Japan still struggles with a male-dominated, youth-obsessed business culture. This has created barriers for women to enter the workforce. It has also created barriers for companies to recruit and retain experienced talent, and salarymen are routinely retired at 60 due to mandatory policies.

This all began to change in 2013 when the Japanese government, under the Law Concerning Stabilization of Employment of Older Persons, began increasing the retirement age to 65 by 2025. This was a big move for Japan and will have profound effects on their corporate culture and their economy.

Japan has also struggled to embrace immigration—a key driver to economic growth. Immigration has routinely been proposed as a way to help the economy grow. However, proposals have either failed to achieve support or projects have failed to achieve traction. This includes efforts by the Japanese government to recruit Filipino nurses.

For all of the challenges, there are significant bright spots in Japan. Cities across the country are becoming more livable and joining the World Health Organization Global Network of Age-Friendly Cities and Communities. There are also technological innovations occurring across Japan’s care sector.

Evidence of this came earlier in 2014 when Japan hosted the G7 Global Dementia Legacy Event. Japanese Prime Minister Shinzō Abe asked Minister of Health, Labor, and Welfare Yasuhisa Shiozaki to formulate a new policy program to accelerate measures for dementia. In his closing remarks, Minister Shiozaki outlined three foundational pillars of the new plan:

  • Implement an integrated community care system for dementia by 2025
  • Formulate a plan to foster dementia-friendly communities
  • Prioritize the needs of the persons with dementia, not the needs of the care system.

Japan is also leading the world in the development of 50-plus technologies, including robots, that assist with health and caregiving needs.

South Korea

South Korea is the middle child of demographic change in Asia. It has been swift and dramatic for this nation, yet cultural norms and government policy remain relatively youth-focused. However, that appears to be changing.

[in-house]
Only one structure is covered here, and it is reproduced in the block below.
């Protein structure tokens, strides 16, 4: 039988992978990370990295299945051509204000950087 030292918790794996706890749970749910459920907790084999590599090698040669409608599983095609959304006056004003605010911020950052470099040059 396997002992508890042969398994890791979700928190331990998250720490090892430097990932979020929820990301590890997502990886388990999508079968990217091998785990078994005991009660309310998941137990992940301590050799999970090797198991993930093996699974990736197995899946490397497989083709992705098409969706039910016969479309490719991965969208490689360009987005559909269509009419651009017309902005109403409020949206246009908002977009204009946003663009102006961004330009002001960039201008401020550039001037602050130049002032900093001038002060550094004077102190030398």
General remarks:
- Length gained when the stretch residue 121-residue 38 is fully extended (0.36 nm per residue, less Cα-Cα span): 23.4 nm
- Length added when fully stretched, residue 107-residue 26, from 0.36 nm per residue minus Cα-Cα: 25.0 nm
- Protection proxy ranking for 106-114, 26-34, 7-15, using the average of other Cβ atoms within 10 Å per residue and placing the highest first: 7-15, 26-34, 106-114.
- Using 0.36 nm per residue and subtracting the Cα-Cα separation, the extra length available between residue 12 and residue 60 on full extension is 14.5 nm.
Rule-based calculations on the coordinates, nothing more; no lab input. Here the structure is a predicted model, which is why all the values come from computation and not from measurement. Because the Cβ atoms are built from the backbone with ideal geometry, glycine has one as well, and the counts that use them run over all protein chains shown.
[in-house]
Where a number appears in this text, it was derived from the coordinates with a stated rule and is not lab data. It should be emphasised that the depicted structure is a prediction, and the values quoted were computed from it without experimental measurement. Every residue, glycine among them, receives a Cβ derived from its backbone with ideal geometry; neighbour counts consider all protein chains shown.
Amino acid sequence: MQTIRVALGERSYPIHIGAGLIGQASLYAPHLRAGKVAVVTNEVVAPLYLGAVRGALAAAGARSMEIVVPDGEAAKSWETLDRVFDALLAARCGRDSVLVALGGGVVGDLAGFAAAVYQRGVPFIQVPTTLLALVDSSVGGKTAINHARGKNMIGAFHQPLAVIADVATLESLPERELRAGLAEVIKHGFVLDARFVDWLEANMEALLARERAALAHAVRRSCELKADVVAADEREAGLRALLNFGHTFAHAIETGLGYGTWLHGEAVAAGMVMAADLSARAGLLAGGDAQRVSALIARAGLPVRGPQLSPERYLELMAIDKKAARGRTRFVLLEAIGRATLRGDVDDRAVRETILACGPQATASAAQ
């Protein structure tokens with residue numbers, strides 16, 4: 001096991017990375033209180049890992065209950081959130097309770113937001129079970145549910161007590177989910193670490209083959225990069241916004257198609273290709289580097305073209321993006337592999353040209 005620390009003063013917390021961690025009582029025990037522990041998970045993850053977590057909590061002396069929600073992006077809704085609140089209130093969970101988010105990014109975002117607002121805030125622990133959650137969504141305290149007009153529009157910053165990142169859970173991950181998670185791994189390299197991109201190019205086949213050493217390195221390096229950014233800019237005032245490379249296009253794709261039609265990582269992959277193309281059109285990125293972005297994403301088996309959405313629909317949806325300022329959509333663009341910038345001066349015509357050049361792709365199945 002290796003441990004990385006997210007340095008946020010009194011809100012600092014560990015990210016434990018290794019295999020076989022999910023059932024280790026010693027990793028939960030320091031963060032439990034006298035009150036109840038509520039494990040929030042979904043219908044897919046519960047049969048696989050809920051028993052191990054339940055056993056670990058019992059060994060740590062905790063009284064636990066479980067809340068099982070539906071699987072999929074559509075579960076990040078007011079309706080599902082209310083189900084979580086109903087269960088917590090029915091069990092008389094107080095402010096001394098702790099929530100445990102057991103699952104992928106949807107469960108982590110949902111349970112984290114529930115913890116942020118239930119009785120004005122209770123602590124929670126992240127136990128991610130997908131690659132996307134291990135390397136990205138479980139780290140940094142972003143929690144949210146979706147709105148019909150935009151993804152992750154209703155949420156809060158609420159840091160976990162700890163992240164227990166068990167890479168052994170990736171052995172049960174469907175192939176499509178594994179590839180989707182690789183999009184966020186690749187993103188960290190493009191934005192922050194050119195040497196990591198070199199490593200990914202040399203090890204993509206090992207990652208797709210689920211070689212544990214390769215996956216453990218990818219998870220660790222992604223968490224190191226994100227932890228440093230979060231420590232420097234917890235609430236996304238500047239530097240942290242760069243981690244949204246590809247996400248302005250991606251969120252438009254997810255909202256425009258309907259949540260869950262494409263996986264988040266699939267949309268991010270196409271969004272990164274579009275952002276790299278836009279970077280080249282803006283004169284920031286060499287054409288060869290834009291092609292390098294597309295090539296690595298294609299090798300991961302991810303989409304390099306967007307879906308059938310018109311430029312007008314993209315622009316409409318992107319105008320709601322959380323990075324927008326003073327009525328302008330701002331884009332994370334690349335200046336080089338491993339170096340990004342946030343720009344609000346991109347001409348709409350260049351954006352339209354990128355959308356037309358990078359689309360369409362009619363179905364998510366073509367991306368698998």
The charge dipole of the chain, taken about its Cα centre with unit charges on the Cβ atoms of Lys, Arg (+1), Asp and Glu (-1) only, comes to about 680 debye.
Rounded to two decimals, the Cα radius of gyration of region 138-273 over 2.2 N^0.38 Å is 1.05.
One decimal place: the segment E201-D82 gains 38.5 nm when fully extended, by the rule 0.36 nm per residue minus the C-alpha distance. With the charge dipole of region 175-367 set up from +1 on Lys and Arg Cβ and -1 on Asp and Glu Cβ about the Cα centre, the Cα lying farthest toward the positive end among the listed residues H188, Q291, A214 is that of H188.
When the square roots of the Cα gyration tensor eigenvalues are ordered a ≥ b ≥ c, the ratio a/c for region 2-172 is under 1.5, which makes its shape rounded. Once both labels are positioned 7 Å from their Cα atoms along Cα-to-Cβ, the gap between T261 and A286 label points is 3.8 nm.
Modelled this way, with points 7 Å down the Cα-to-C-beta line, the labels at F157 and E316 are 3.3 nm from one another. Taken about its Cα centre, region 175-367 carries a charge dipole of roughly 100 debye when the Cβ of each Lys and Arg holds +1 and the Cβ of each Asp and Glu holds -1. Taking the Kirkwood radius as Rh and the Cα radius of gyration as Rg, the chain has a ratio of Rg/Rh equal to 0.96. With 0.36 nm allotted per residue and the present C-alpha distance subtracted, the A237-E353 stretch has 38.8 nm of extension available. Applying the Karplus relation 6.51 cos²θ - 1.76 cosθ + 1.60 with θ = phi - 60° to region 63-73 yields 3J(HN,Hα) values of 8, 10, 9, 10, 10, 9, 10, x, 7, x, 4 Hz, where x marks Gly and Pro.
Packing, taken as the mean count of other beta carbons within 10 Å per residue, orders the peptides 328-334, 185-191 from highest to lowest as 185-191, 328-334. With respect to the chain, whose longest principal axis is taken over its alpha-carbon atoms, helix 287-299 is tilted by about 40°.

This year, the Korea Labor Foundation, which is part of the Korea Ministry of Labor, began closely examining the concept of recareering, or transitioning older and experienced employees out of their salaried positions into new jobs. This unique approach takes into account Korean reticence to increase the retirement age—it has only increased from 55 to 60 in 2015. However, there is heated debate on whether the government or private sector should pay for recareering.

Unlike Japan, South Korea is embracing immigration at a greater rate. The New York Times reported on this in 2012, noting that ‘the number of marriage migrants grew to 211,000 in 2011 from 127,000 in 2007. Migrant workers more than doubled to 553,000 in 2011, from 260,000 in 2007—not counting those who overstay their visas and work illegally.’

South Korean businesses are embracing the opportunity of population aging and many companies have examined or begun implementing 50-plus strategies. This has led to hyper-competition for the 50-plus and driven the development of new product lines, as well as start-ups.

Big Picture

While many challenges still exist, each country is embracing the new realities of population aging and demographic change. Some nations have seen better outcomes than others. However, countries across the region that seize the opportunities presented are seeing great results.

 

about the author

Bradley Schurman is a Senior Advisor with AARP International with expertise in employment and volunteering. He is responsible for a number of AARP’s global strategic relationships, including those with the Organization for Economic Cooperation and Development (OECD), and nations within Asia and Europe. Mr. Schurman also administers AARP Best Employers International. He holds undergraduate and graduate degrees from American University, and lives in Washington, DC.